Original Article – Clinical
Pilot Study of the Suitability of Dorsal Vulval Skin as a Transposition Flap: Vascular Anatomic Study and Clinical Application
Article first published online: 14 MAY 2013
© Copyright 2013 by The American College of Veterinary Surgeons
Volume 42, Issue 5, pages 523–528, June 2013
How to Cite
Hunt, G. B., Winson, O., Fuller, M. C. and Kim, J. Y. (2013), Pilot Study of the Suitability of Dorsal Vulval Skin as a Transposition Flap: Vascular Anatomic Study and Clinical Application. Veterinary Surgery, 42: 523–528. doi: 10.1111/j.1532-950X.2013.12013.x
- Issue published online: 1 JUL 2013
- Article first published online: 14 MAY 2013
- Manuscript Accepted: 3 JUN 2012
- Manuscript Received: 7 NOV 2011
To identify the blood supply to the vulval fold and adjacent skin, and evaluate it as a transposition flap for closing perineal wounds in dogs.
Animals or Sample Population
Five female canine cadavers and 2 cases referred for excision of mast cell tumors adjacent to the vulva.
Dissection was performed to identify the vascular supply to the vulval fold in two cadavers following arterial injection of red latex and methylene blue, respectively. In three cadavers, barium sulfate mixed 1:1 with water was injected into the terminal aorta. The vulval fold and surrounding perineal skin was excised and radiographed. Transposition flaps using the vulval fold and adjacent skin were used to close skin defects in two dogs presented for wide excision of mast cell tumors situated ventro-lateral and dorso-lateral to the vulva, respectively.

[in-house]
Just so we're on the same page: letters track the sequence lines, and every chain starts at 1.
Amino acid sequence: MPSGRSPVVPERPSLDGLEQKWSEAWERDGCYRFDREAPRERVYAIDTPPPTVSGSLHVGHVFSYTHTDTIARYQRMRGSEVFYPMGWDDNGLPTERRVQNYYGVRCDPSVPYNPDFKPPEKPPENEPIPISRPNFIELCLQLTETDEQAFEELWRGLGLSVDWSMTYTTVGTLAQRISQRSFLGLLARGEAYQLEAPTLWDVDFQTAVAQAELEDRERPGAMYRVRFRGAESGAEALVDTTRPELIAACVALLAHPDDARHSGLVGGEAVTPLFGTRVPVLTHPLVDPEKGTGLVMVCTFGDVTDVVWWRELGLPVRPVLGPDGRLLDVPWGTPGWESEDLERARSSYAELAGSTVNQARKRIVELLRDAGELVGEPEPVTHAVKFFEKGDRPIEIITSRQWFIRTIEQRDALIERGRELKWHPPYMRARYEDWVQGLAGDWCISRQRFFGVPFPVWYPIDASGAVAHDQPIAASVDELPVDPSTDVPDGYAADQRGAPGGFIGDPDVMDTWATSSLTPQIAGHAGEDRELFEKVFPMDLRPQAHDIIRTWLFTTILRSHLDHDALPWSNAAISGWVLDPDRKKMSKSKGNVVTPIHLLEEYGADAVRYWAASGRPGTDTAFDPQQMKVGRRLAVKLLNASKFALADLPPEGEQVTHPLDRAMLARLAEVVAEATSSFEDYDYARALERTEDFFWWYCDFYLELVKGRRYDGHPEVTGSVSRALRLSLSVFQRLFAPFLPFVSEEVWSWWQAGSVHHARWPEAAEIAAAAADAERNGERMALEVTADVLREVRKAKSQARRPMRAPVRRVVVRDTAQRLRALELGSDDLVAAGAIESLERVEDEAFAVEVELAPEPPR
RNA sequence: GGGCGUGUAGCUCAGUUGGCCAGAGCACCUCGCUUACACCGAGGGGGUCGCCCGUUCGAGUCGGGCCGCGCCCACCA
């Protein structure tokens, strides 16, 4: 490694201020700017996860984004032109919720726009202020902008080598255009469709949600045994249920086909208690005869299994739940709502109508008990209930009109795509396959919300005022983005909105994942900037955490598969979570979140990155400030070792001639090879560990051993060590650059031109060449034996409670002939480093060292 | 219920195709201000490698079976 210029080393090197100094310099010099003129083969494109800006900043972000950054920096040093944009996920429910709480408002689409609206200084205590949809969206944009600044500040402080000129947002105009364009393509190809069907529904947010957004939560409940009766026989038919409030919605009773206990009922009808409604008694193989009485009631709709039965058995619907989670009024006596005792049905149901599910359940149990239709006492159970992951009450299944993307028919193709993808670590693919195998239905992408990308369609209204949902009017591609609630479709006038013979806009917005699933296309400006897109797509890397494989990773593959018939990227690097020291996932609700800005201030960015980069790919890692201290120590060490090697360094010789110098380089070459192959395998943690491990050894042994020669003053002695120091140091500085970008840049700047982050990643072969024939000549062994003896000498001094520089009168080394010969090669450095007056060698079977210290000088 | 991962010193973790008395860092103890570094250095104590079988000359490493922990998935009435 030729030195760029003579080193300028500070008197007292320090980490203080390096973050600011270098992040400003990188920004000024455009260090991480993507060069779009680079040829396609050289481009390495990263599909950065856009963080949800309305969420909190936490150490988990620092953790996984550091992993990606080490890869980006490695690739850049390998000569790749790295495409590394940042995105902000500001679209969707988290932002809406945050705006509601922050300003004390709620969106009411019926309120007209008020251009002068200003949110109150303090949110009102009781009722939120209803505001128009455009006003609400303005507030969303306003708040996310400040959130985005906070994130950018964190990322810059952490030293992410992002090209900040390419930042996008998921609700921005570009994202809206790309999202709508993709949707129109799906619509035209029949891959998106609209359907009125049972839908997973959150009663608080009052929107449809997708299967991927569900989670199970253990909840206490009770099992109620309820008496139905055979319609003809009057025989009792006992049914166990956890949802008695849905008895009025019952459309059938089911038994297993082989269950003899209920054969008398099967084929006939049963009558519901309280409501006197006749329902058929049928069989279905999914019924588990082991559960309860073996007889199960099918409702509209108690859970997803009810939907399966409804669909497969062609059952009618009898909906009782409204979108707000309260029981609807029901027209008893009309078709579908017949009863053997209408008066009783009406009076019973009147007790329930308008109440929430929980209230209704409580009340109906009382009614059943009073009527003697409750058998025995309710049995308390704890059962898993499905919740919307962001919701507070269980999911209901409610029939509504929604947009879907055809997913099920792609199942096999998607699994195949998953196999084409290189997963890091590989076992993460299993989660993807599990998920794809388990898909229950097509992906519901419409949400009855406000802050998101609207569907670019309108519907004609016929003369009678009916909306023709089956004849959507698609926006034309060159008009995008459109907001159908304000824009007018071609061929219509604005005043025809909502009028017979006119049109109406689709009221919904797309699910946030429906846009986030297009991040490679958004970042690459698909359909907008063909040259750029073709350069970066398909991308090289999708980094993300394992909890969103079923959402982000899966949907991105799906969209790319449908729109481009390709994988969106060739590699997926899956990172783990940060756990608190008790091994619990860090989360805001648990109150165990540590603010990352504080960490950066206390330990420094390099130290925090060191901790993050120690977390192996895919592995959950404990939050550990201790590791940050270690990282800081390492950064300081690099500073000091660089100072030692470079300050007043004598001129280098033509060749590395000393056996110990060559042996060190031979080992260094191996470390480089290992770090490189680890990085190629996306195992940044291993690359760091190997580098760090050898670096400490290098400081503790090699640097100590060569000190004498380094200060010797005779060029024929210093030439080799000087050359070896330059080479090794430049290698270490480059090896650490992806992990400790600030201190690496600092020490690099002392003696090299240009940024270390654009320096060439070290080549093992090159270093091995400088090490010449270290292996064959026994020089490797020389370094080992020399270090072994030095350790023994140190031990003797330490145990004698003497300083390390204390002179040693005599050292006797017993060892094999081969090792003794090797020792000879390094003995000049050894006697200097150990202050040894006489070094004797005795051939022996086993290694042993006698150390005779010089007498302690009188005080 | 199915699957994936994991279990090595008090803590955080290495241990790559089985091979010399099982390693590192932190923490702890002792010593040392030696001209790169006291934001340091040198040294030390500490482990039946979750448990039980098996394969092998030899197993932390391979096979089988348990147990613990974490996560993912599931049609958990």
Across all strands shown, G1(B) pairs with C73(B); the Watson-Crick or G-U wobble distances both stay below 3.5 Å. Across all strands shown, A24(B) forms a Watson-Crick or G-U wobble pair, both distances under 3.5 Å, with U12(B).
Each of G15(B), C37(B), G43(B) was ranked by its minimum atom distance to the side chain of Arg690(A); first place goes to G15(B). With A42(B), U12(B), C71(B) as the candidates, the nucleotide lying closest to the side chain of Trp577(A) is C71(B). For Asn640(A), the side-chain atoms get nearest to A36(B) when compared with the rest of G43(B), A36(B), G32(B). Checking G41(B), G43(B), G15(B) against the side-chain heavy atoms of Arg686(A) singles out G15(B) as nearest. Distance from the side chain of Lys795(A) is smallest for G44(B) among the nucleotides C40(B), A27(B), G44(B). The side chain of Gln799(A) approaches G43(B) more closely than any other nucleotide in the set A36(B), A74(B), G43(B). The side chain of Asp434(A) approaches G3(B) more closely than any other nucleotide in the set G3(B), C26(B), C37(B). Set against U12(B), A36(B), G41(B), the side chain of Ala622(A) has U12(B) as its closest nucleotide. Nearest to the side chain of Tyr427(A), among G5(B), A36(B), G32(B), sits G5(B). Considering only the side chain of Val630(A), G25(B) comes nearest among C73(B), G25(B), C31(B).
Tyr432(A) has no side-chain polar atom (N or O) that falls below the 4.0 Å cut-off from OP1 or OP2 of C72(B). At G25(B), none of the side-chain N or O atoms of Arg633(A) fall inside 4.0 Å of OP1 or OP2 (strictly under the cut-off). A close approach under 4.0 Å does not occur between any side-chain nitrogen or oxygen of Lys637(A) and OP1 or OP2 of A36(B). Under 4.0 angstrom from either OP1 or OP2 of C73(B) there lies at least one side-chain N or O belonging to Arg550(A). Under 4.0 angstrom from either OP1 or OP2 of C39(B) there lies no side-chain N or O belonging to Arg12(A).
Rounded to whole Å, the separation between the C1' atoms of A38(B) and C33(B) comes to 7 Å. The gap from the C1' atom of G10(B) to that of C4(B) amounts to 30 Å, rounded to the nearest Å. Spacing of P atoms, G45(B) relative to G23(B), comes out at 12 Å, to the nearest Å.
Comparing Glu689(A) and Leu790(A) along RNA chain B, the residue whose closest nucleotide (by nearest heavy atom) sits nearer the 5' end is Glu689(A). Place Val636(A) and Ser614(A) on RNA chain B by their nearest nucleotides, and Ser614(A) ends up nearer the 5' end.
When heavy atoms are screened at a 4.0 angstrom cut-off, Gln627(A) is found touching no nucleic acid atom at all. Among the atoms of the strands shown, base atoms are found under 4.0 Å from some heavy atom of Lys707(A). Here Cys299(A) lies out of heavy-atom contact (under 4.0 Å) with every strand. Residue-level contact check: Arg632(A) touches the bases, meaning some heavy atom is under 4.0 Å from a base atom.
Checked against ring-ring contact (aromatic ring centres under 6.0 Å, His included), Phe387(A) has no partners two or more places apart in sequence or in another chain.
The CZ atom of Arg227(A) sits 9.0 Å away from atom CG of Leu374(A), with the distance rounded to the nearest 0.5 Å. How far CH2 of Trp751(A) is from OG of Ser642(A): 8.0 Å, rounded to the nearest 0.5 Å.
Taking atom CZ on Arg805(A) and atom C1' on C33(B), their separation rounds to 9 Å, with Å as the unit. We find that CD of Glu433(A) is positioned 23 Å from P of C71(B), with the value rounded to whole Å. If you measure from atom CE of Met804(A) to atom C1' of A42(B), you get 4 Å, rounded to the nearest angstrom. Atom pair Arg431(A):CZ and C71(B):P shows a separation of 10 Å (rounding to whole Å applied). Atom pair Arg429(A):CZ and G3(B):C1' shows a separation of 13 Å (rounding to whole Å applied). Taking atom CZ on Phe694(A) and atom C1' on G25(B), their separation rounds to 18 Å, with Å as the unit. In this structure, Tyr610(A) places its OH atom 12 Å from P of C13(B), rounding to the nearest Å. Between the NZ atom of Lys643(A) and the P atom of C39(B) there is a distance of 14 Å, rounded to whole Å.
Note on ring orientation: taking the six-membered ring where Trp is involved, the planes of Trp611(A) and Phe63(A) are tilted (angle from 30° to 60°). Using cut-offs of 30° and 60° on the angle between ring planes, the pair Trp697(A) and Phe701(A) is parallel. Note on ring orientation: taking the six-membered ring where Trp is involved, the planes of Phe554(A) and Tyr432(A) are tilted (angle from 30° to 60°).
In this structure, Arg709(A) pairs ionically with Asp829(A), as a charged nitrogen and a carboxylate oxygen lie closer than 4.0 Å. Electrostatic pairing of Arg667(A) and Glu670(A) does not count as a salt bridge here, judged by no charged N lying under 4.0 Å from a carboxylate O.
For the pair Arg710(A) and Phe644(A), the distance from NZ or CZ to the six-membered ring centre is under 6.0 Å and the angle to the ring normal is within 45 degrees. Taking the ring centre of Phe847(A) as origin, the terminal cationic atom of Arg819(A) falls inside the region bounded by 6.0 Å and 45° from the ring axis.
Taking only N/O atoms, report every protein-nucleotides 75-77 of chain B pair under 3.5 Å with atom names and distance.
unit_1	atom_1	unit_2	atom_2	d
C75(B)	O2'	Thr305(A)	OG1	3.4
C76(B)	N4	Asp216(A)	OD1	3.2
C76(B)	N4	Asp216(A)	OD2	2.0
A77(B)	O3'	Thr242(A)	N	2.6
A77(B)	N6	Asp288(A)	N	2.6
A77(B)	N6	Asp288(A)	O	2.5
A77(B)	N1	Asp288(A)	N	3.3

The vulval fold and adjacent skin was perfused bilaterally by branches of the ventral perineal and external pudendal arteries, which entered dorsally and ventrally, respectively. As incisions used to create a transposition flaps from the skin surrounding the vulval fold transect these vessels, the flap is dependent on the sub-dermal plexus for survival. There was 100% survival of transposition flaps in the 2 clinical cases and healing proceeded uneventfully with acceptable cosmetic and functional results.
The vulval fold and surrounding skin can be used as a subdermal plexus flap to close large perineal defects in dogs.
Availability of a defined local skin flap will improve treatment of diseases resulting in large perineal skin defects in female dogs.